NASA Jet Propulsion Laboratory California Institute of Technology JPL HOME EARTH SOLAR SYSTEM STARS & GALAXIES SCIENCE & TECHNOLOGY BRING THE UNIVERSE TO YOU JPL Email News RSS Podcast Video
JPL Banner
Follow this link to skip to the main content

Detecting Altitudes

3D view of tropospheric CO emissions profile from the Esperanza wildfire

Fundamentally, gases absorb energy at very specific wavelengths. In the lower atmosphere, at higher pressure, molecules collide with each other and slightly alter the wavelength of absorption (this is called pressure broadening).

The width of the broadening is directly proportional to pressure, and the amount of broadening at 1000 millibars of pressure ranges from 0.04 to 0.15 cm-1 for molecules of concern. At 100 millibars, the line is one tenth as broad.

The figure below shows a part of the ozone spectrum at two resolutions, one that is fine enough to see pressure broadening, and one that is not.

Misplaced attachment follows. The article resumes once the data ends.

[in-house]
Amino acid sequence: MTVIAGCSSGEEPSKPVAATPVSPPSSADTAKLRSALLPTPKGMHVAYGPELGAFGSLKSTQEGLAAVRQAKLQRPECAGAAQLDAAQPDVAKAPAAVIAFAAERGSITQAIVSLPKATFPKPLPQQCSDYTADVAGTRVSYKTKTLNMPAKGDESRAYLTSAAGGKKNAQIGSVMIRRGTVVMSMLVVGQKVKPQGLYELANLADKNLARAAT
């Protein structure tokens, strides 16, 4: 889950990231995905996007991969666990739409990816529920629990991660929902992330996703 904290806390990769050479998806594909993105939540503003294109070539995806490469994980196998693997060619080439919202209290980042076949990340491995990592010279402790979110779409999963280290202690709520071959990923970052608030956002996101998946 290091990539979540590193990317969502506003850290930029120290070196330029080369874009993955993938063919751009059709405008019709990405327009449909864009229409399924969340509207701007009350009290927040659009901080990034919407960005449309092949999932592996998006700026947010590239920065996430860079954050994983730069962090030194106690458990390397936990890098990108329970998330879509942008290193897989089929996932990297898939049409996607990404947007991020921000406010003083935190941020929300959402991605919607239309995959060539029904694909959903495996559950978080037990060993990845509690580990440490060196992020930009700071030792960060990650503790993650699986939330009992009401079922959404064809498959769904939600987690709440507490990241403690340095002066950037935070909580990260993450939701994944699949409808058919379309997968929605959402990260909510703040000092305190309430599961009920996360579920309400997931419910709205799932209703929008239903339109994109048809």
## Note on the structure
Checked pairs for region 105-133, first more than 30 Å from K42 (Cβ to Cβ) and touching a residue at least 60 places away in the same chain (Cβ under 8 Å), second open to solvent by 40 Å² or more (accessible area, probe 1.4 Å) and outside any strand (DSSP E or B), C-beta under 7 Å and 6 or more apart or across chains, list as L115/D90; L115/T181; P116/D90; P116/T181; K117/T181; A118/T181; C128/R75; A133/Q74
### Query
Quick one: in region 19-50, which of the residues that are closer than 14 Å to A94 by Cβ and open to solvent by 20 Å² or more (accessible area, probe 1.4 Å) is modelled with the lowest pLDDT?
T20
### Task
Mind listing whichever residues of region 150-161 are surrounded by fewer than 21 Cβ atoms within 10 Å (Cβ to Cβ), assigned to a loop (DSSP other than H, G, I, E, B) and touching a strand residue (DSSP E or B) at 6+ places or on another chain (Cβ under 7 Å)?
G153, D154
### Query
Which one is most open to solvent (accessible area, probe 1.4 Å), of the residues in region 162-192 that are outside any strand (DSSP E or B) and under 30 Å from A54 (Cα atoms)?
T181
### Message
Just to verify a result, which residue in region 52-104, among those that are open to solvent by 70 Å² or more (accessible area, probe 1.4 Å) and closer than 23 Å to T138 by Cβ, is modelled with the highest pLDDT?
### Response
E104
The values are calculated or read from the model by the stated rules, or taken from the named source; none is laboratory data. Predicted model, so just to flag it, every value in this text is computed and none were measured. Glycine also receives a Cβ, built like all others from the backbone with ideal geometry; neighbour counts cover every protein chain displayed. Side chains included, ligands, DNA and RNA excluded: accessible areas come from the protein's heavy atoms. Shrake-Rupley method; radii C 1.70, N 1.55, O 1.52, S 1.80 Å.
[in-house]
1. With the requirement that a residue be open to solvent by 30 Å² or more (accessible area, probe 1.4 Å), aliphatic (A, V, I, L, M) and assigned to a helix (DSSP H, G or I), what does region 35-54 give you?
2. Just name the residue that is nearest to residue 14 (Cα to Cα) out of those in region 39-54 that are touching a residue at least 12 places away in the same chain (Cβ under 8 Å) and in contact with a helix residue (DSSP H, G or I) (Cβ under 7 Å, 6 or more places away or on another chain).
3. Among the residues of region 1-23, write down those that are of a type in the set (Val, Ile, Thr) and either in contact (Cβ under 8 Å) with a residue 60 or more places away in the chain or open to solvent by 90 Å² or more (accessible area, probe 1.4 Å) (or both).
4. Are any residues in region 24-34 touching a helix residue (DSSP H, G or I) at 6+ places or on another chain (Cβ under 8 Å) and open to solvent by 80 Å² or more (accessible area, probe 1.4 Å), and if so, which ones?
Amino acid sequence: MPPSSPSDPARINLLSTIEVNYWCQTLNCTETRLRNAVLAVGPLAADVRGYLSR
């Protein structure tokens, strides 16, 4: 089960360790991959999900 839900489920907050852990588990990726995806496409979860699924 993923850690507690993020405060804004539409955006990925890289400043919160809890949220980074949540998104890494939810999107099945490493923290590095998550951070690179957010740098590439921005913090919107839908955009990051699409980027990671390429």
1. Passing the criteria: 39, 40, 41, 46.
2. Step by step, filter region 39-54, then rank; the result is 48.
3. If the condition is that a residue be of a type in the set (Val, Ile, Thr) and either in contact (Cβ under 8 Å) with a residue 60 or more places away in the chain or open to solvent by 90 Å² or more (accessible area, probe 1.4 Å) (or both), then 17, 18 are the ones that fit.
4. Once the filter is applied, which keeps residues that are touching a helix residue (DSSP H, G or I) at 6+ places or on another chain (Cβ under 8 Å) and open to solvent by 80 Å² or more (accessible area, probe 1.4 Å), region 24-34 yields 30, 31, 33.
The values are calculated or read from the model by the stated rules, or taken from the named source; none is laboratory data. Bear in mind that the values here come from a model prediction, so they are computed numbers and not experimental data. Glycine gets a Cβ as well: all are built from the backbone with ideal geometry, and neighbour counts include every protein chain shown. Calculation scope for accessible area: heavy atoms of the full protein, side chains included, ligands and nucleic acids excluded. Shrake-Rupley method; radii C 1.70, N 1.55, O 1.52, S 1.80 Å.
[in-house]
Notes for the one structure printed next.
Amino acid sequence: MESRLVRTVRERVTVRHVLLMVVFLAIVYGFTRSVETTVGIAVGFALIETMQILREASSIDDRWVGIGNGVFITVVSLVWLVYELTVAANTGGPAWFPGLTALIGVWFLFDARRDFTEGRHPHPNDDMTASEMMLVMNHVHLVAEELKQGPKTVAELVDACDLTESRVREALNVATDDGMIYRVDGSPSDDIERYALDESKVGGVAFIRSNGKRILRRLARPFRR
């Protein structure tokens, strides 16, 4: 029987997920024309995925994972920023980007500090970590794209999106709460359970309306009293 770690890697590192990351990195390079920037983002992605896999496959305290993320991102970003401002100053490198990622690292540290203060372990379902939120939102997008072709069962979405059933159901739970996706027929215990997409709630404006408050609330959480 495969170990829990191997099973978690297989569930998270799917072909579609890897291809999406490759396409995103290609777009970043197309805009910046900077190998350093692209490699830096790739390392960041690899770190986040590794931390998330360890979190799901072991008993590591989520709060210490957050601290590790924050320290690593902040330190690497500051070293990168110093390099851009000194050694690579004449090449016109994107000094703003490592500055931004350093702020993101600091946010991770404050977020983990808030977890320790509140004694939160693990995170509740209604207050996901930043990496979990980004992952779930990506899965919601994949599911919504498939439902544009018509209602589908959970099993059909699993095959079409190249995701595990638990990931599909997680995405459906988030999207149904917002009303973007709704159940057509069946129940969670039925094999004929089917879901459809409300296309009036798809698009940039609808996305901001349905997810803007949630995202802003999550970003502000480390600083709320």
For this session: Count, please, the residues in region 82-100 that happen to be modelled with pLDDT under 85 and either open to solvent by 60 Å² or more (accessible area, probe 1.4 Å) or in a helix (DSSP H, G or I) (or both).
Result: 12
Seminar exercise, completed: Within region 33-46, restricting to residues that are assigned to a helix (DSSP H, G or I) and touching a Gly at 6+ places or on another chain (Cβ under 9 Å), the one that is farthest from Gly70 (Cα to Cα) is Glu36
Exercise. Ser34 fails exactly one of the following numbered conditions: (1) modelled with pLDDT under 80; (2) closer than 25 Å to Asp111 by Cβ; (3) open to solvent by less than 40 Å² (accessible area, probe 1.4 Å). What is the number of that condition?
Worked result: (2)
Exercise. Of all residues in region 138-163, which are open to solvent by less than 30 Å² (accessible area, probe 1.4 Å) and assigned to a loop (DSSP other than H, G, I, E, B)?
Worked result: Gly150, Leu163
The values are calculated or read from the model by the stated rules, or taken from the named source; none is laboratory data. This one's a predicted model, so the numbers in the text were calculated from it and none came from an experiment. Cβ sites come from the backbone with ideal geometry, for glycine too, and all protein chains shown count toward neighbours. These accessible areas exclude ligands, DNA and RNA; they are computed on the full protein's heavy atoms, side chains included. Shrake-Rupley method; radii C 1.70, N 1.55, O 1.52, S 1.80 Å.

(Click to view the full size image)

We can determine the pressure-dependent broadening and other factors (strength of absorption, temperature dependence) to get altitude information, if we measure with enough spectral resolution (equal to or smaller than the width of the broadening).

Next: Biomass Burning

Back: Ozone

TES is a high-resolution, infrared, imaging Fourier-transform spectrometer with spectral coverage of 650 to 2250 cm-1 at a spectral resolution of 0.1 cm-1 (low resolution) or 0.025 cm-1 (high resolution), offering line-width-limited discrimination of essentially all radiatively active molecular species in Earth's lower atmosphere.

Chemical Clues Ozone Global Climate Change Global Water Cycle Biomass Burning Air Pollution What Is TES Detecting Altitudes Nadir and Limb Views Validation